They all have slender, elongated bodies with tapered ends. Some have specialised mouthparts with hooks and stylets, and the only other projecting parts are concerned with reproduction.

The cuticle can have as many as nine layers, with cross fibres forming a spiral network. The cuticle is non-cellular and secreted by the epidermis, and is mainly collagen laid down in three criss-crossing layers.

The body is a high pressure pseudocoel within a cuticle covered body wall with only longitudinal muscles.

Locomotion is basically wriggling or thrashing with the longitudinal muscles on one side contracting, while the other side expands, deforming the body into S-shaped curves. The cuticle prohibits radial expansion, so serves the purpose of circular muscles.

The muscle arm extends to either the ventral or dorsal nerve cord. The pseudocoel functions as a hydrostatic skeleton. There are no circular muscles, and it is the body movement which moves food from the mouth to the pharynx, intestine, rectum and anus.

Males are usually smaller than females and the posterior is curled into a hook. This can be easily seen in the drawing on the right. This shows a male and female Ascaris sp. in the gut of a pig.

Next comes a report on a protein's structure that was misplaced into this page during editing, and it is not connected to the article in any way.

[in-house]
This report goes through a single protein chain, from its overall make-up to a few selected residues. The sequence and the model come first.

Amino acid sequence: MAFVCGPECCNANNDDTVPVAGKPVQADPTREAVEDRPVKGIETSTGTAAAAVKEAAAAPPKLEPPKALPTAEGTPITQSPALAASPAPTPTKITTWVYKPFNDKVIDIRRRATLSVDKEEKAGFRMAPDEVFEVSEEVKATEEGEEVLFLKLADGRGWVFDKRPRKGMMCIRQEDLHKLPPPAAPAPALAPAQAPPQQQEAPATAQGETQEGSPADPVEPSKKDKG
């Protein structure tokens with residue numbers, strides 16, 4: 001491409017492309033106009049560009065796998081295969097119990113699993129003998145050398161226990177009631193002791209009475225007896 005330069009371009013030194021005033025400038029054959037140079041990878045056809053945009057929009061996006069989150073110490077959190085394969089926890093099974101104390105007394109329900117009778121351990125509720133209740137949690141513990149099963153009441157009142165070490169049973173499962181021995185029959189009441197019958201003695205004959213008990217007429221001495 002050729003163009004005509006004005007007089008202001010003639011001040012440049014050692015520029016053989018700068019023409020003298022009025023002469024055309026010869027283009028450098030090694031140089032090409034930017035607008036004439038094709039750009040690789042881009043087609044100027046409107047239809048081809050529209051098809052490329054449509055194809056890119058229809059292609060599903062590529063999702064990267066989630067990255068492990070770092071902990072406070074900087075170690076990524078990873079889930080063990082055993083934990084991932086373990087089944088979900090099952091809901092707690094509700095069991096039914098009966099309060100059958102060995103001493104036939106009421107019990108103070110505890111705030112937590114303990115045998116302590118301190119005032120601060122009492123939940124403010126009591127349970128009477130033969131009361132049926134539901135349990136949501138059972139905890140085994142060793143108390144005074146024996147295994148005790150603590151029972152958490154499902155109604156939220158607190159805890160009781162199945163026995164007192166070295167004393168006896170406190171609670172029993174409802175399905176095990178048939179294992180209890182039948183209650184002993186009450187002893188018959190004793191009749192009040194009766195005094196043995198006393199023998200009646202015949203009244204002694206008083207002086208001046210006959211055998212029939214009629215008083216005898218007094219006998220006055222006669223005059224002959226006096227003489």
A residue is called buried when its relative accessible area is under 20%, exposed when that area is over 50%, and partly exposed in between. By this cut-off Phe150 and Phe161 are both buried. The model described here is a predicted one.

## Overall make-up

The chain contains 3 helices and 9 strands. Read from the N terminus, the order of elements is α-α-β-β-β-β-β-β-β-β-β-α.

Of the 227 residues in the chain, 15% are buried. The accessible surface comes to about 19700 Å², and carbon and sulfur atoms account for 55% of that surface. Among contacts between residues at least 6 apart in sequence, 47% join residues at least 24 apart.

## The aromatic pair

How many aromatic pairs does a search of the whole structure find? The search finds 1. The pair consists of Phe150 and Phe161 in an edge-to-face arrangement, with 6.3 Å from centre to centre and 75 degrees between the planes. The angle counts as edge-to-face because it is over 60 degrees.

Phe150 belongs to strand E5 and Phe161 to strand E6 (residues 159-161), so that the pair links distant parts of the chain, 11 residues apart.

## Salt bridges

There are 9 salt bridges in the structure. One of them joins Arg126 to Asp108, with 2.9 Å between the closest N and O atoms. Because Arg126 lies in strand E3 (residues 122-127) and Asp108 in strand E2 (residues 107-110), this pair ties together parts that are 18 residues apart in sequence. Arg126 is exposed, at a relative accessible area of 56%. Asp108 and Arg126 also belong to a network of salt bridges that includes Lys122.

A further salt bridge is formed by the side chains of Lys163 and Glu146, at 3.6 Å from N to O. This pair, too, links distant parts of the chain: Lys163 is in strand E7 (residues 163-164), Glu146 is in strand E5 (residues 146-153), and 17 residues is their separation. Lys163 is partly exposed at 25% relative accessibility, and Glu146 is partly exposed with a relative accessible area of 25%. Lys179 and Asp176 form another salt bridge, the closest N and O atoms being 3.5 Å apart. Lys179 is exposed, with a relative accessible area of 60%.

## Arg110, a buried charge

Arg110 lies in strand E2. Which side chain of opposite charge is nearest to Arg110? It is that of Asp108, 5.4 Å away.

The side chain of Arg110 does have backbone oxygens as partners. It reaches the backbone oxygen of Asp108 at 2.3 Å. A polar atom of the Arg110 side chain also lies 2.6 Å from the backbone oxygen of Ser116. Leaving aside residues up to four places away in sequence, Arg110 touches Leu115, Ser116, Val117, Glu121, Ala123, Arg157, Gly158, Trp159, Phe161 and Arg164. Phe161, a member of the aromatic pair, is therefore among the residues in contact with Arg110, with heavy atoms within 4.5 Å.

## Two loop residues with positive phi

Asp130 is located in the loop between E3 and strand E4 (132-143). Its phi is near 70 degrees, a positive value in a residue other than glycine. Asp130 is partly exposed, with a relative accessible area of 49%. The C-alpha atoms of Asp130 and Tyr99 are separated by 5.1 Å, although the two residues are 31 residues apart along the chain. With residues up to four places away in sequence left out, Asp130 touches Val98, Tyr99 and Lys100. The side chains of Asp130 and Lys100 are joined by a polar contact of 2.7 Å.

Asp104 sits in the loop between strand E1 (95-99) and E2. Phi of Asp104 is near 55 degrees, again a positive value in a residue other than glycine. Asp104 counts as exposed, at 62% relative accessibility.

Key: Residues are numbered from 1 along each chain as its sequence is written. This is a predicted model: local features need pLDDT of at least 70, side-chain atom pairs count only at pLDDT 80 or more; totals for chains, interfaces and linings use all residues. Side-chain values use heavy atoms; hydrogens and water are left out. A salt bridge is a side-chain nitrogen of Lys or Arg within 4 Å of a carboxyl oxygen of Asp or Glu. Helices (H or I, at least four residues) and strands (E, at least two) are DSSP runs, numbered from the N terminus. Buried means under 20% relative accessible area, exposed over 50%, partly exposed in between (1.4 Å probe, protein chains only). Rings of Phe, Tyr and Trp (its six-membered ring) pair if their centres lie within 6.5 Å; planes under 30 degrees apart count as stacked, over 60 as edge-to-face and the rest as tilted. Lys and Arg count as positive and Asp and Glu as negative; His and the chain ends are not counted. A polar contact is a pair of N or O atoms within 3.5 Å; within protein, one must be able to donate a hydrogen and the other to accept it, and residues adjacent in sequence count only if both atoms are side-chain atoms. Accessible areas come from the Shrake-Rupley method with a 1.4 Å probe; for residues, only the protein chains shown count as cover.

ascaris sp.

Crassicauda boopis, fin whale round worm

Parasitic nematodes in whales

Left is part of a whale's kidney infected with several Crassicauda boopis, the fin whale round worm. The head of the worm is found in the blood vessels in the liver, the middle in the whale's kidney, and the tail end in the reproductive and excretory system. The entire length of the worm can be as long as 8 m.

Below is a piece of a false-killer whale's gut which has a heavy infestation of Bolbosoma capitatum, the thorny-headed worm. There have been cases where infestations reach up to 600 worms per square metre of gut.

Bolbosoma capitatum, thorny-headed worm, in false-killer whale's gut

Mermis nigrescens, terrestrial nematode

Below is a terrestrial nematode Mermis nigrescens I found entwined around a poppy leaf after a heavy shower. It was 5 - 10 cm long, and the little red tip is at the head end.

It emerges after rain. and climbs on vegetation to lay its eggs. The eggs are eaten by earwigs and grasshoppers, and the nematode larvae hatch inside the host and thrive.